Artist: Moses Chang

Moses Chang may seem calm and quiet on the outside, but in reality, he is a spectacular artist with an eye for detail. He works furiously as he takes out his

vibrant colored pencils and enhances the details of his piece by adding shadows and highlights. His preference for colorful, textured paper adds a unique

style to his beautifully blended drawings of animals.

What’s your favorite medium to work with and why?

My favorite medium is color pencil because it's the medium I tend to get my most developed pieces from. In other words I can fine tune my drawings and add the details I want with precision. I guess I can do that with graphite too, but I like colors. Also, I don't know how to use other mediums.

What inspires you to draw?

I don't really get inspired for art very often. I mean, every once in awhile I see something cool on Instagram or Facebook, and I think "oh shoot I wanna do that too." But other than that, I just scroll through Google images until I find something I'm interested in.

How long have you been drawing?

I’ve been drawing off and on for about ten years.

Did you take art classes or was art just a hobby?

It started as a hobby, and then I took like six art classes over a span of three years because I hate art class. They always touched my work, and I hated it.

What subject matters do you like to draw the most and why?

Animals because they’re adorable and look nice.

How has art influenced who you are today?

After taking art, I feel like I've become more aware of and appreciative of my surroundings, especially nature. It’s always spontaneous too. Sometimes I can gaze at the shapes and slow movements of clouds for pretty long periods of time; sometimes I get lost in my thoughts, and other times I get irritated that they aren't puffy enough. Sure, a lot of people appreciate the colors of trees in fall, and the colorful sunsets every once in awhile, but I now find myself actively looking for these "random" scenes more often. I guess in this way you can say art has unlocked my daydreaming potential.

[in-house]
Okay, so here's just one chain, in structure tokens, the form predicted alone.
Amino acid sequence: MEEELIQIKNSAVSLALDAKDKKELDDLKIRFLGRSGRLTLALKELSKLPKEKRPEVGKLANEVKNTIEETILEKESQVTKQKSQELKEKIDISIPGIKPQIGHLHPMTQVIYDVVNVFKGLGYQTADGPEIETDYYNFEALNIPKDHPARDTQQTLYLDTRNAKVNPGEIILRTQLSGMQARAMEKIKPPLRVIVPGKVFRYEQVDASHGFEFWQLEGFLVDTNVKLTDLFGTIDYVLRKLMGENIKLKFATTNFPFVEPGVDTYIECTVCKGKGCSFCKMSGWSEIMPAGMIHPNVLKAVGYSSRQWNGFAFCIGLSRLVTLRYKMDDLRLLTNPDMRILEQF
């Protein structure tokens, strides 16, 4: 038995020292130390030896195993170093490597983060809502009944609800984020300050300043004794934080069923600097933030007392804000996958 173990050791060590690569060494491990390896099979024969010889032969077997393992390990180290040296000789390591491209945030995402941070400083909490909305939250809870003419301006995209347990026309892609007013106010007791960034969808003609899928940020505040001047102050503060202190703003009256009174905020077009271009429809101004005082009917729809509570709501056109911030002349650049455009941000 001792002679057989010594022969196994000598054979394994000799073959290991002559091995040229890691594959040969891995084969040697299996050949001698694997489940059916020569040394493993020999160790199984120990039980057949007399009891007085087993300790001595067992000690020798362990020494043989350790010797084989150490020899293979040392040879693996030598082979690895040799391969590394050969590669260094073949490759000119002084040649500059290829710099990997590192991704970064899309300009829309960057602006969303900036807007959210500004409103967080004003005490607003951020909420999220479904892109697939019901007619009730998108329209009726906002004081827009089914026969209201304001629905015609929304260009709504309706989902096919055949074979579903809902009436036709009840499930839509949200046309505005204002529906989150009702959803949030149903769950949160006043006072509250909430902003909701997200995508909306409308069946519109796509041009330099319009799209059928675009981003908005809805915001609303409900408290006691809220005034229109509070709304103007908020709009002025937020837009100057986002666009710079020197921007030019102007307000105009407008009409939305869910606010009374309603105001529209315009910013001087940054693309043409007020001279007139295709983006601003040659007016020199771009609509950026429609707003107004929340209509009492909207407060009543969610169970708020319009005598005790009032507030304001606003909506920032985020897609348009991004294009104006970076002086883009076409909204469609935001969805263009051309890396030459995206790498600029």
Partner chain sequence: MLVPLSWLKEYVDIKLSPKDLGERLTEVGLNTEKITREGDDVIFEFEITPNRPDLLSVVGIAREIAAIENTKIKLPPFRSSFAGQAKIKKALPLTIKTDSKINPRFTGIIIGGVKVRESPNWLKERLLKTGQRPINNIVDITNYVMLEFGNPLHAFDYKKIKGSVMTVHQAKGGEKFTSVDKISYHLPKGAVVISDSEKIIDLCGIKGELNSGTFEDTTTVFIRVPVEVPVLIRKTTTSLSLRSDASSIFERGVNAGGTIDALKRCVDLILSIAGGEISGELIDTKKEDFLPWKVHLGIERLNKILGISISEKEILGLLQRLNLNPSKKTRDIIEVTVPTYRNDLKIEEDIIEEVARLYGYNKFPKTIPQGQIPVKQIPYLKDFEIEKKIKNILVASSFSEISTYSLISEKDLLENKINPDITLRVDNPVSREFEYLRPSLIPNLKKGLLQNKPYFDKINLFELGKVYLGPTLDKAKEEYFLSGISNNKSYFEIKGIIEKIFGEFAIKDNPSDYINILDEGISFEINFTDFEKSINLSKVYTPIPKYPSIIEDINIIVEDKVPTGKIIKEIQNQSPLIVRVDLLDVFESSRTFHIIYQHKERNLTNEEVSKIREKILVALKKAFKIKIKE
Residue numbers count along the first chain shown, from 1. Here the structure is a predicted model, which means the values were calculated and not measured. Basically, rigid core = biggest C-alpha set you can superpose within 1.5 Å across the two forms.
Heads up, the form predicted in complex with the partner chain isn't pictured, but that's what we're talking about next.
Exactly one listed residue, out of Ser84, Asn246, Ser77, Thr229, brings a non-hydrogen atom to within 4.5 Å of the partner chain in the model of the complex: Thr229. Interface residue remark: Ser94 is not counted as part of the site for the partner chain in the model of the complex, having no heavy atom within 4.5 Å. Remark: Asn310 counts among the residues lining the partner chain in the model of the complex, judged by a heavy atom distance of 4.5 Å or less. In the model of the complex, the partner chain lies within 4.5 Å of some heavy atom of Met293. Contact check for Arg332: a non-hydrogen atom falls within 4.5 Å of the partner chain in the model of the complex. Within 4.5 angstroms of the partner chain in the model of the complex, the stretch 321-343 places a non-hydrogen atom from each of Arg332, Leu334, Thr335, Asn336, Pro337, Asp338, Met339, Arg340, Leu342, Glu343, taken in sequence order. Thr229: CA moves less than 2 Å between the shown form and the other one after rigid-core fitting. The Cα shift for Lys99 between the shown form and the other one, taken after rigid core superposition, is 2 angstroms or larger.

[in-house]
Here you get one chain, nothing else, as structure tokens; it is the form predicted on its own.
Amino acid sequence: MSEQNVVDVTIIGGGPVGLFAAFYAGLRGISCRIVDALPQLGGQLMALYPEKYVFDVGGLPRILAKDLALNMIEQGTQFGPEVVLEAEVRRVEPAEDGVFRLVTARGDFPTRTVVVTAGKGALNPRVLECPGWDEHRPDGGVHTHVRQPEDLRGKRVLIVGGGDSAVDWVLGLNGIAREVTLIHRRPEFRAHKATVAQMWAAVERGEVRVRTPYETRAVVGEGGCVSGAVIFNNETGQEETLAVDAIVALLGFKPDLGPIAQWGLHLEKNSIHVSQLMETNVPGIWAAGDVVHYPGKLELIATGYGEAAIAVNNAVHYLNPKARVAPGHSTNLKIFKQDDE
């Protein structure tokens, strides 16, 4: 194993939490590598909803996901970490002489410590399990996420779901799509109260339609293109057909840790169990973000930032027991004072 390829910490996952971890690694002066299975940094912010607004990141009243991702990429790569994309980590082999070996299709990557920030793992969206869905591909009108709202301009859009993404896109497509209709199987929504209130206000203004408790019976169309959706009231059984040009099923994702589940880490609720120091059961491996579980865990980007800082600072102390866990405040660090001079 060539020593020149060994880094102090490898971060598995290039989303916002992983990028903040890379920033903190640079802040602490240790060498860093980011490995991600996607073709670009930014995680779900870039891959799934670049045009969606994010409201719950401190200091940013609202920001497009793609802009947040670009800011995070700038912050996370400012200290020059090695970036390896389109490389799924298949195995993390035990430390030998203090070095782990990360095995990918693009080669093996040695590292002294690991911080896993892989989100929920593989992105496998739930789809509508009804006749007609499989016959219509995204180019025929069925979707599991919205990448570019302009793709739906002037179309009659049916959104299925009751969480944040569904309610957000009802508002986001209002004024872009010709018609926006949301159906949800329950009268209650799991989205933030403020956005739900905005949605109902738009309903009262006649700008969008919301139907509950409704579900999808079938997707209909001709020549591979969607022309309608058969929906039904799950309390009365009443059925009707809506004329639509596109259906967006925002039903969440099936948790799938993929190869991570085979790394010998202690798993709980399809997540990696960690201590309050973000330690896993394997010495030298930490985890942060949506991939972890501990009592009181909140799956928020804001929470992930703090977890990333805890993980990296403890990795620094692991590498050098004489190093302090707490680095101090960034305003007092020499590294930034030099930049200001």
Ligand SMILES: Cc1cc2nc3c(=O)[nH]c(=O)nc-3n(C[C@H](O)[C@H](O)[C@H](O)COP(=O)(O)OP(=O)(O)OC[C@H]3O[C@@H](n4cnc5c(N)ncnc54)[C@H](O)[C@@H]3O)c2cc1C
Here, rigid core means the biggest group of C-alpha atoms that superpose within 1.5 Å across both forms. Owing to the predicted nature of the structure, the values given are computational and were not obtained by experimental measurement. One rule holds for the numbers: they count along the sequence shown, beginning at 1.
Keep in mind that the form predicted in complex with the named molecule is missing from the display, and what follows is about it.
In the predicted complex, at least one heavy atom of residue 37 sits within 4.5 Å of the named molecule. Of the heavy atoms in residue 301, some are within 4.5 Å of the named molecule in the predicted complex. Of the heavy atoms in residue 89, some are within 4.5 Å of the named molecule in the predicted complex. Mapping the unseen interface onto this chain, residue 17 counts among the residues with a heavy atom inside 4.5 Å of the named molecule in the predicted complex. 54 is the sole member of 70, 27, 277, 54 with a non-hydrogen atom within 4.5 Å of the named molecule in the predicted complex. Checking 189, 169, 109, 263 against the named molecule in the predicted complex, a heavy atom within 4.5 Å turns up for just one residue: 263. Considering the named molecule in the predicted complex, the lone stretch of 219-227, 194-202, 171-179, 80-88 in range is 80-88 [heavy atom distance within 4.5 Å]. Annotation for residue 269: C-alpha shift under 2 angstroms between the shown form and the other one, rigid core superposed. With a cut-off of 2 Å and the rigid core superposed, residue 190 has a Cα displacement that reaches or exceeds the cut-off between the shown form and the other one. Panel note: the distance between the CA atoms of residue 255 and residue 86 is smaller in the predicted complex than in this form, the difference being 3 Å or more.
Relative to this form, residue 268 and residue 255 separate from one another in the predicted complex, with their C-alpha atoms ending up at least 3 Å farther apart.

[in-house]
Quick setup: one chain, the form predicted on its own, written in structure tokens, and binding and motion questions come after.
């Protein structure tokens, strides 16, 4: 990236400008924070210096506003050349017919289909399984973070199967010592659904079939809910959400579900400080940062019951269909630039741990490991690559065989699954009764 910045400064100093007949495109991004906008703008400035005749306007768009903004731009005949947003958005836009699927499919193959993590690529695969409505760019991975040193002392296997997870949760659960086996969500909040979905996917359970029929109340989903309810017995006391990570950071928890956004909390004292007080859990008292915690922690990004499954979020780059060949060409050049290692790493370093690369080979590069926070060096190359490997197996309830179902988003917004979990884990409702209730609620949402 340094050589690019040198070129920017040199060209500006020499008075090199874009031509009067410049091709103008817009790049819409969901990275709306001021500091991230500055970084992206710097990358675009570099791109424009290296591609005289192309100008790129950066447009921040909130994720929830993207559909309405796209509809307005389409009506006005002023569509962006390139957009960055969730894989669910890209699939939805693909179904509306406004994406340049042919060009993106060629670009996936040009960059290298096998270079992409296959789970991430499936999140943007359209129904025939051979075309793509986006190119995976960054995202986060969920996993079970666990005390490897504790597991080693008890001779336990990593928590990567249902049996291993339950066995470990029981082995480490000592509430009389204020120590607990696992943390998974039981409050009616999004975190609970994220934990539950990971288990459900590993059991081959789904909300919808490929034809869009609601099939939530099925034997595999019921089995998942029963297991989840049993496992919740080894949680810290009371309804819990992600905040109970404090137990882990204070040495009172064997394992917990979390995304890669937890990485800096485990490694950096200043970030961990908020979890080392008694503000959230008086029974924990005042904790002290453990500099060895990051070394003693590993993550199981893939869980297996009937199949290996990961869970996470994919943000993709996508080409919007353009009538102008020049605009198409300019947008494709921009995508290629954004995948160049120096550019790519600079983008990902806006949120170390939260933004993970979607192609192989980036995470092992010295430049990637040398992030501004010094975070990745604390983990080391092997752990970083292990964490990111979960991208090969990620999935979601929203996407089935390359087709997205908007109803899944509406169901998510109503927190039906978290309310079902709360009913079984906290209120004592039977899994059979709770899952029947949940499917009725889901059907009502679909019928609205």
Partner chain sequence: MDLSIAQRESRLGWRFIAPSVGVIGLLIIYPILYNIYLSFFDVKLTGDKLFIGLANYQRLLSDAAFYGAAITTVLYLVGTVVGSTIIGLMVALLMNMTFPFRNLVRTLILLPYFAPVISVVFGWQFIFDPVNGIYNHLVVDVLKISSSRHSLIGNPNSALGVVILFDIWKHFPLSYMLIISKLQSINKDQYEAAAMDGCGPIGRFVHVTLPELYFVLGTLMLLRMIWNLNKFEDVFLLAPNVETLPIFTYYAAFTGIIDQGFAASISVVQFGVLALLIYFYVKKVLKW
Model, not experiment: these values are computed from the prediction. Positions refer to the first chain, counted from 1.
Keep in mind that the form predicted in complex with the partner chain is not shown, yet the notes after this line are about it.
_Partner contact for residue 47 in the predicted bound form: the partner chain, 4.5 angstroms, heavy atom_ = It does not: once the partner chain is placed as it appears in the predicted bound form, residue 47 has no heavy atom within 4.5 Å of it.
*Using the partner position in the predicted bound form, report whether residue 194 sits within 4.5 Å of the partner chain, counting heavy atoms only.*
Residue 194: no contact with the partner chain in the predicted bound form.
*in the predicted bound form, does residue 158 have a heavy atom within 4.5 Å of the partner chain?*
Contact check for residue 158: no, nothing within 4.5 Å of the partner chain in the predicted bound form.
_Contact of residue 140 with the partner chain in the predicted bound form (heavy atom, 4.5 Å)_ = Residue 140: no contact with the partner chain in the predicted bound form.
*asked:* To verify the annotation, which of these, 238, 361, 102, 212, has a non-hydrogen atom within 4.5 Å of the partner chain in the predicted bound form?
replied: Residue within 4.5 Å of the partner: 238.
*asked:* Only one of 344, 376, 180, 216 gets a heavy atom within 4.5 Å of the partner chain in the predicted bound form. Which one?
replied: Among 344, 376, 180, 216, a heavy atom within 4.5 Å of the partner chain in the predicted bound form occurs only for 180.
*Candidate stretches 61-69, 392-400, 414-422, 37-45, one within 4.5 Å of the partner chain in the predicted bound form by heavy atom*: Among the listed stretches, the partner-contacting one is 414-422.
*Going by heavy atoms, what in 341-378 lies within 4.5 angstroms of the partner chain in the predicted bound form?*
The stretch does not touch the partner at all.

What is your favorite piece you’ve made?

I haven’t finished my favorite, but it would have to be the snake. I want to finish it, but it’s taking so long because of all the colors.

Writer: Leila Bathke

By Emily Andrews and Mina Jang

Leila Bathke -- who is she? There are many sides to Bathke. To some, she’s the girl with the fiery red hair and undying appreciation for Walt Whitman. To others, she’s a kind, caring friend who is always loyal. However, above all this, Bathke is someone full of fresh new ideas and stories to tell the world. Leila Bathke is a passionate writer and poet.

Why do you write?

I write because sometimes there’s just too many thoughts in my head, and putting it down on paper makes it easier to make decisions or just reflect on it and get through it.

What inspired you to start writing?